Performance automotive leather is high quality and made to last and, in most cases, will last longer than the car

        3. Leather increases the residual value of your car.

        Leather seats are near the top of the list of many people’s ‘must haves’ when they are looking at buying a premium second-hand car and are in demand with a higher perceived value that is often associated with luxury.

        Whether you keep your car for 1, 3 or 5 years before selling it, a leather interior will retain its look and feel due to its durability and ensure the residual value of your car remains high, giving you a better return on your investment when compared with alternative PU/PVC based materials that will not perform or look the same.

        4. Leather is the sustainable option.

        Contrary to the wave of opinion often portrayed in the media, automotive leather is the sustainable option to choose.

        Leather is a by-product of the meat industry and is the ultimate upcycled material, saving significant waste going to landfill. Modern leather manufacturing techniques and legislation have led to an ever-reducing impact on the planet, especially when compared to what’s involved in manufacturing PU/PVC, which makes up a large part of ‘vegan leather alternatives.

        Leather is part of a circular process where everything can be used, repurposed, or recycled. PU/PVC-based composite materials, often mixed with fruit or vegetables like pineapple or mushrooms, are part of a linear process as it’s extremely difficult and expensive to recycle once discarded, so they are destined for landfill.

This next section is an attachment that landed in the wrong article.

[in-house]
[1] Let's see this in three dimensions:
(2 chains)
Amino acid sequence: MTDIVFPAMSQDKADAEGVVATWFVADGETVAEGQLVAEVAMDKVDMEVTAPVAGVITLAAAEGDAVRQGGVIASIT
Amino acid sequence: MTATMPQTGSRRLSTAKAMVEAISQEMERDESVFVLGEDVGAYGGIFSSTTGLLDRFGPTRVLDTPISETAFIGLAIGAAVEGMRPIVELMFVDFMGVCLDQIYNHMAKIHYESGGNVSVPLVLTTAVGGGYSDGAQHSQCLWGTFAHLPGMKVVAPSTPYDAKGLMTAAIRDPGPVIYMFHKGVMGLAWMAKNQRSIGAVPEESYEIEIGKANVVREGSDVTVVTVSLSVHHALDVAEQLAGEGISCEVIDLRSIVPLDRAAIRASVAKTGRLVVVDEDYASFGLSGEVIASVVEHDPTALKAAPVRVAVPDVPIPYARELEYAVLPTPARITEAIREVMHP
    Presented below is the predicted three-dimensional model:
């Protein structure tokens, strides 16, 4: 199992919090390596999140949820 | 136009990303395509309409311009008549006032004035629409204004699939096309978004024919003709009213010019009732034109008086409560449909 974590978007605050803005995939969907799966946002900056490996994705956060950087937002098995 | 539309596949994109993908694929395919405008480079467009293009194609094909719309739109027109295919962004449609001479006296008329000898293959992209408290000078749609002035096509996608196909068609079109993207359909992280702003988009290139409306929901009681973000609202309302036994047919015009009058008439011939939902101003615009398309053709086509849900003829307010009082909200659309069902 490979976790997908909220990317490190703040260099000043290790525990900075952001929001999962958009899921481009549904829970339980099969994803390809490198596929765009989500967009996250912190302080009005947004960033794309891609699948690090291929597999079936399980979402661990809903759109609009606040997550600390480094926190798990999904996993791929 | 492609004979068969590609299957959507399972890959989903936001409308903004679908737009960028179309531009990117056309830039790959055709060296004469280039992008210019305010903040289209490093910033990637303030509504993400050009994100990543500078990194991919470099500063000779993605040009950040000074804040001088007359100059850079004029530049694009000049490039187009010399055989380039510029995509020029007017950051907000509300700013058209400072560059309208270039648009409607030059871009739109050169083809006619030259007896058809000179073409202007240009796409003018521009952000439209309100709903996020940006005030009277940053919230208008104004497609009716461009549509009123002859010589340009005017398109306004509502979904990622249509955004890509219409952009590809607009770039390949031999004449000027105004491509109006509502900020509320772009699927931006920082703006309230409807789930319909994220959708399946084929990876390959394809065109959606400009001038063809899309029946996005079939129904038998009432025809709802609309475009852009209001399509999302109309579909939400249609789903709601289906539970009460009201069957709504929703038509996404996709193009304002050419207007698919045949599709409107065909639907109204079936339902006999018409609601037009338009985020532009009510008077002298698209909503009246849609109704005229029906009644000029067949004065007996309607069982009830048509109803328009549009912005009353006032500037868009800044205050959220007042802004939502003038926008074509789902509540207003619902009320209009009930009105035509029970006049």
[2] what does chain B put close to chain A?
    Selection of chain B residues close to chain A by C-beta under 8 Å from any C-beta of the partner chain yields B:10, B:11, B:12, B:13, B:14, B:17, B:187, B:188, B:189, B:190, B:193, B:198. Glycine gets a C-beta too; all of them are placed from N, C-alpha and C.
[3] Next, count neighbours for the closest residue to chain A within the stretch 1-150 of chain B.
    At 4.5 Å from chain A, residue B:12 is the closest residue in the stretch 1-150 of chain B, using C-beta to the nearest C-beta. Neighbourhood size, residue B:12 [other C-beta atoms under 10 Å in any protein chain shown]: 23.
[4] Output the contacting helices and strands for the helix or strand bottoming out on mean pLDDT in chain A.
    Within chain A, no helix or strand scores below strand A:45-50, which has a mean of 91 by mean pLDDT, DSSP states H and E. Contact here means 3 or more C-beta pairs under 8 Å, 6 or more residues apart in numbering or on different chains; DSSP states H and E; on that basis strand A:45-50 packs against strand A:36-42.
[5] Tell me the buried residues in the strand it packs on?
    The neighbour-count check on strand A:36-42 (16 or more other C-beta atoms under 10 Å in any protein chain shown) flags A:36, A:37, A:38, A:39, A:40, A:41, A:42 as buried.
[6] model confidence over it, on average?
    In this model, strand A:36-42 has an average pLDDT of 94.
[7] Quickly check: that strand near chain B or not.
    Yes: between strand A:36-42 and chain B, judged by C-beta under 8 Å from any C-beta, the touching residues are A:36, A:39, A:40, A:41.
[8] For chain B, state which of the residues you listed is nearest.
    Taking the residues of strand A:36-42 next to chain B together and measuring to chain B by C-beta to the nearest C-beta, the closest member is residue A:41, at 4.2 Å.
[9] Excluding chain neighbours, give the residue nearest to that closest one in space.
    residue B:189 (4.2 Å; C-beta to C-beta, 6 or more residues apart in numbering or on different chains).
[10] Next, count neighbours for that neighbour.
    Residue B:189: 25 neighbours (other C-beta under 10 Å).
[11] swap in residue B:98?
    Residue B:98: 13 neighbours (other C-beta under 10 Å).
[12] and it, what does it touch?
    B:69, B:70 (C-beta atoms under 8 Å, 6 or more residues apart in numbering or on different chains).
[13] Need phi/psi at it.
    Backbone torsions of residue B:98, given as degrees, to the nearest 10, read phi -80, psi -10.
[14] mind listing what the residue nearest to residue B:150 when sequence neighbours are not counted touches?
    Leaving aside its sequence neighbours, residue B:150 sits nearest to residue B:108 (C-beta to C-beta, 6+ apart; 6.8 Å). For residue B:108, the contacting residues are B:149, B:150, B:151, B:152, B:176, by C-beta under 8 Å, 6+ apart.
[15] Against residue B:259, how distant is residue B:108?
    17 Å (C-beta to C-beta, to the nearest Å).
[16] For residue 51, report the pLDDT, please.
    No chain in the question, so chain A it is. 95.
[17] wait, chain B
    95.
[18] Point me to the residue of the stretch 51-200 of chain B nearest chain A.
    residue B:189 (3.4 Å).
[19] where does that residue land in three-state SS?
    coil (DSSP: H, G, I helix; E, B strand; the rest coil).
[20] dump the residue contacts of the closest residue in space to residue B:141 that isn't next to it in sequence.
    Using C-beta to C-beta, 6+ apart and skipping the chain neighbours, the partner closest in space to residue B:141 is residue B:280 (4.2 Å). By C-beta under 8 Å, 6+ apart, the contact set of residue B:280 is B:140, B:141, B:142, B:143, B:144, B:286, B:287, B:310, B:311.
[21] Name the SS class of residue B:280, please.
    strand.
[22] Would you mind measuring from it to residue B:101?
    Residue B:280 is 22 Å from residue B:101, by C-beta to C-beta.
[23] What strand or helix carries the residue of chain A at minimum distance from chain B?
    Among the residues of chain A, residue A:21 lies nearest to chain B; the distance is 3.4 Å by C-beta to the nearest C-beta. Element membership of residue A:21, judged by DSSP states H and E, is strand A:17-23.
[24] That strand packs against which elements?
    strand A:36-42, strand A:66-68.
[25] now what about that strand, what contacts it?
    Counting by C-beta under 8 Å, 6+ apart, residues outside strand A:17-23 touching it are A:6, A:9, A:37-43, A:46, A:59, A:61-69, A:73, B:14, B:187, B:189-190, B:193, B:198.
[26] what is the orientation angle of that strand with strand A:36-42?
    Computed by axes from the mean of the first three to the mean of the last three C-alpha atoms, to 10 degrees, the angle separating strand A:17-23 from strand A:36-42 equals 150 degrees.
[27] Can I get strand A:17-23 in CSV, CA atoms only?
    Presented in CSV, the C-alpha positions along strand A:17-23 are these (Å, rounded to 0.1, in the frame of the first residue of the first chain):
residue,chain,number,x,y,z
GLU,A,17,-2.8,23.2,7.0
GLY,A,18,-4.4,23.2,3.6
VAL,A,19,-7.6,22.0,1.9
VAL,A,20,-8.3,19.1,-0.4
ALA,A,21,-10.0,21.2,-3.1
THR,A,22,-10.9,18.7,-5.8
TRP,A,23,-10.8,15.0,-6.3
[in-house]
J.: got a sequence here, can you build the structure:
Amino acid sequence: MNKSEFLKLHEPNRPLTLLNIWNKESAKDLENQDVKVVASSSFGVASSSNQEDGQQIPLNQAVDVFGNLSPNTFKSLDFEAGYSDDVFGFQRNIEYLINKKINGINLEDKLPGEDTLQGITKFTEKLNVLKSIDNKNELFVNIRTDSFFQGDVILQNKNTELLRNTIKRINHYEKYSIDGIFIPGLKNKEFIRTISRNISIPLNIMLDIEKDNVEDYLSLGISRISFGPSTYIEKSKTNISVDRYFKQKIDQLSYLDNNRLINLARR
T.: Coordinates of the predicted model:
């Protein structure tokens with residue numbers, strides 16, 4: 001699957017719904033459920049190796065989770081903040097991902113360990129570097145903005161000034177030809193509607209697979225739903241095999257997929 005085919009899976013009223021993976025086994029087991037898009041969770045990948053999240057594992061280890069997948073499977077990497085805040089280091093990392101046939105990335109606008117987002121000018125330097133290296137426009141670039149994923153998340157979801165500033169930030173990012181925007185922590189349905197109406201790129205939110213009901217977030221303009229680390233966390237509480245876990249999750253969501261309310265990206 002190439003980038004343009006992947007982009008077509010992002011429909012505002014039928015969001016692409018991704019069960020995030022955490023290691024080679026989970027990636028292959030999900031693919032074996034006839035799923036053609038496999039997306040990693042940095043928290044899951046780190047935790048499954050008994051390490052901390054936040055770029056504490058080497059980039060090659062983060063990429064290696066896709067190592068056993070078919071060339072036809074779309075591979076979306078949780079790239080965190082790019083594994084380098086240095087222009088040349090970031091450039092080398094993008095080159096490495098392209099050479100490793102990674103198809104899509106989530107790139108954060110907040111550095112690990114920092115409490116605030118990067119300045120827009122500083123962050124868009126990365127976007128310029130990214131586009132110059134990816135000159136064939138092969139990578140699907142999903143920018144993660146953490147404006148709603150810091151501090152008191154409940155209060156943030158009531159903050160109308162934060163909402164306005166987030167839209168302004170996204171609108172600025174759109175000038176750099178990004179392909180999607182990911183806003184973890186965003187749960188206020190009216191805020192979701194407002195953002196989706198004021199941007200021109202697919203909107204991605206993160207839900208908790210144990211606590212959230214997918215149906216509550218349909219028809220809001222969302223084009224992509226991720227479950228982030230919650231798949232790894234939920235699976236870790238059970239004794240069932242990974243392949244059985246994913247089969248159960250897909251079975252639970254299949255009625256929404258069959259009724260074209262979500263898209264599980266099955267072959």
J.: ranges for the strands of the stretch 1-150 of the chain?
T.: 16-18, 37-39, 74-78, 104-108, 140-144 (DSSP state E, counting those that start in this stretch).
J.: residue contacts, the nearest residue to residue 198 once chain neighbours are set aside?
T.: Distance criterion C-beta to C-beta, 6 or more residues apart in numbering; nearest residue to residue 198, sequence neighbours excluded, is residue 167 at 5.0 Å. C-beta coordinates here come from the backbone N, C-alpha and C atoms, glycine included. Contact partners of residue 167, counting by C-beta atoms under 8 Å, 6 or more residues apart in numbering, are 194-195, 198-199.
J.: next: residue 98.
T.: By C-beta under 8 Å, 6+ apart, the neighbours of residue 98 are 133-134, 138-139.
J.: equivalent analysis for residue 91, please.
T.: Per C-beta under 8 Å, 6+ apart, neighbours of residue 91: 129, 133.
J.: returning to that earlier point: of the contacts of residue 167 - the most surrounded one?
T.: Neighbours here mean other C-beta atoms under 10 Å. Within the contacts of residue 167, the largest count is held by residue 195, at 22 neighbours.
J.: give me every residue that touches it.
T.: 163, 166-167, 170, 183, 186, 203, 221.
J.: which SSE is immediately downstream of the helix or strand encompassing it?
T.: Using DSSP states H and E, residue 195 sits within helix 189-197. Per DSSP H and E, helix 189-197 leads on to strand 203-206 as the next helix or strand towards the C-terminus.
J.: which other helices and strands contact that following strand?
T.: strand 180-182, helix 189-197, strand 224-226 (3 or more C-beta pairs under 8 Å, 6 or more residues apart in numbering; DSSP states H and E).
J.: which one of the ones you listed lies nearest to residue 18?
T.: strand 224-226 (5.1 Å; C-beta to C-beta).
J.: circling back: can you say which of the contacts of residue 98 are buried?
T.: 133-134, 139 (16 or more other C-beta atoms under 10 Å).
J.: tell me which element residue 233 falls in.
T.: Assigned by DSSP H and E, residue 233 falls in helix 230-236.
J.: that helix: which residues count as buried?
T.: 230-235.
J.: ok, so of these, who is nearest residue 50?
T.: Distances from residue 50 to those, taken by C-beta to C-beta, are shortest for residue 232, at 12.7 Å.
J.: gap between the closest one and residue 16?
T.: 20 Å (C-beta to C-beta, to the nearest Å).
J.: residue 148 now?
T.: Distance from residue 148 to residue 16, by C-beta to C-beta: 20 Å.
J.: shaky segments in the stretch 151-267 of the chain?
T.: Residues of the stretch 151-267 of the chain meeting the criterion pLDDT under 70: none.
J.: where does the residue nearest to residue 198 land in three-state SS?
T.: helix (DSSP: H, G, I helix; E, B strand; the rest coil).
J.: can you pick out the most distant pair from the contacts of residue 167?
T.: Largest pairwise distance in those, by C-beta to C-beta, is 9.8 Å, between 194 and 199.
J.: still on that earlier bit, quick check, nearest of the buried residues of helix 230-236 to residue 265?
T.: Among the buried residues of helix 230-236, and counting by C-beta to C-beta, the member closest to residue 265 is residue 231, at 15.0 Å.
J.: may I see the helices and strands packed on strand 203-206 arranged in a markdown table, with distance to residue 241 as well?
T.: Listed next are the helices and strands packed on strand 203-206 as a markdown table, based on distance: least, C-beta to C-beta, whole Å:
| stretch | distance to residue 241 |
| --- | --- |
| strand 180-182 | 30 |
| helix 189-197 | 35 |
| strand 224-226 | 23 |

The durability of leather ensures a long lifespan, and retrims or seat covers are not required, saving unnecessary manufacturing of new materials by choosing right the first time.

        5. Leather is the most comfortable option.

        Passenger wellbeing is high on the agenda of modern car design, and with the amount of time we spend in a car, it’s important we are comfortable.

        Automotive leather feels great and has a natural flex or give, making it very comfortable on long (and short) journeys, unlike PU/PVC alternatives, which are generally rigid with no flex.

        The natural characteristics of automotive leather mean it will wick away sweat on a hot day, and modern perforated leather allows cooling systems installed in the seat to help. On cold days, the leather works well with heating systems to keep you warm.

        Whilst these 5 reasons should be compelling as to why you should choose real automotive leather for your next car, we respect everyone’s right to choose should you not want a natural animal product in your car. When choosing an alternative, please take the time to find out what the material is made of, as “vegan leather” doesn’t necessarily mean sustainable.

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          Vegan Interiors Are Not Necessarily More Sustainable Than Leather

          In Article, Fact1 Minute

          Fact

          According to Erin Baker, UK automotive journalist "vegan interiors are not necessarily more sustainable than leather".

          Erin opens her article with “Leather bad, vegan good”, is the general chant that has swept out of California ever since Tesla set forth on a pledge of 100 per cent vegan interiors in all its cars, an idea which has trickled down into the portfolios of multiple brands since.”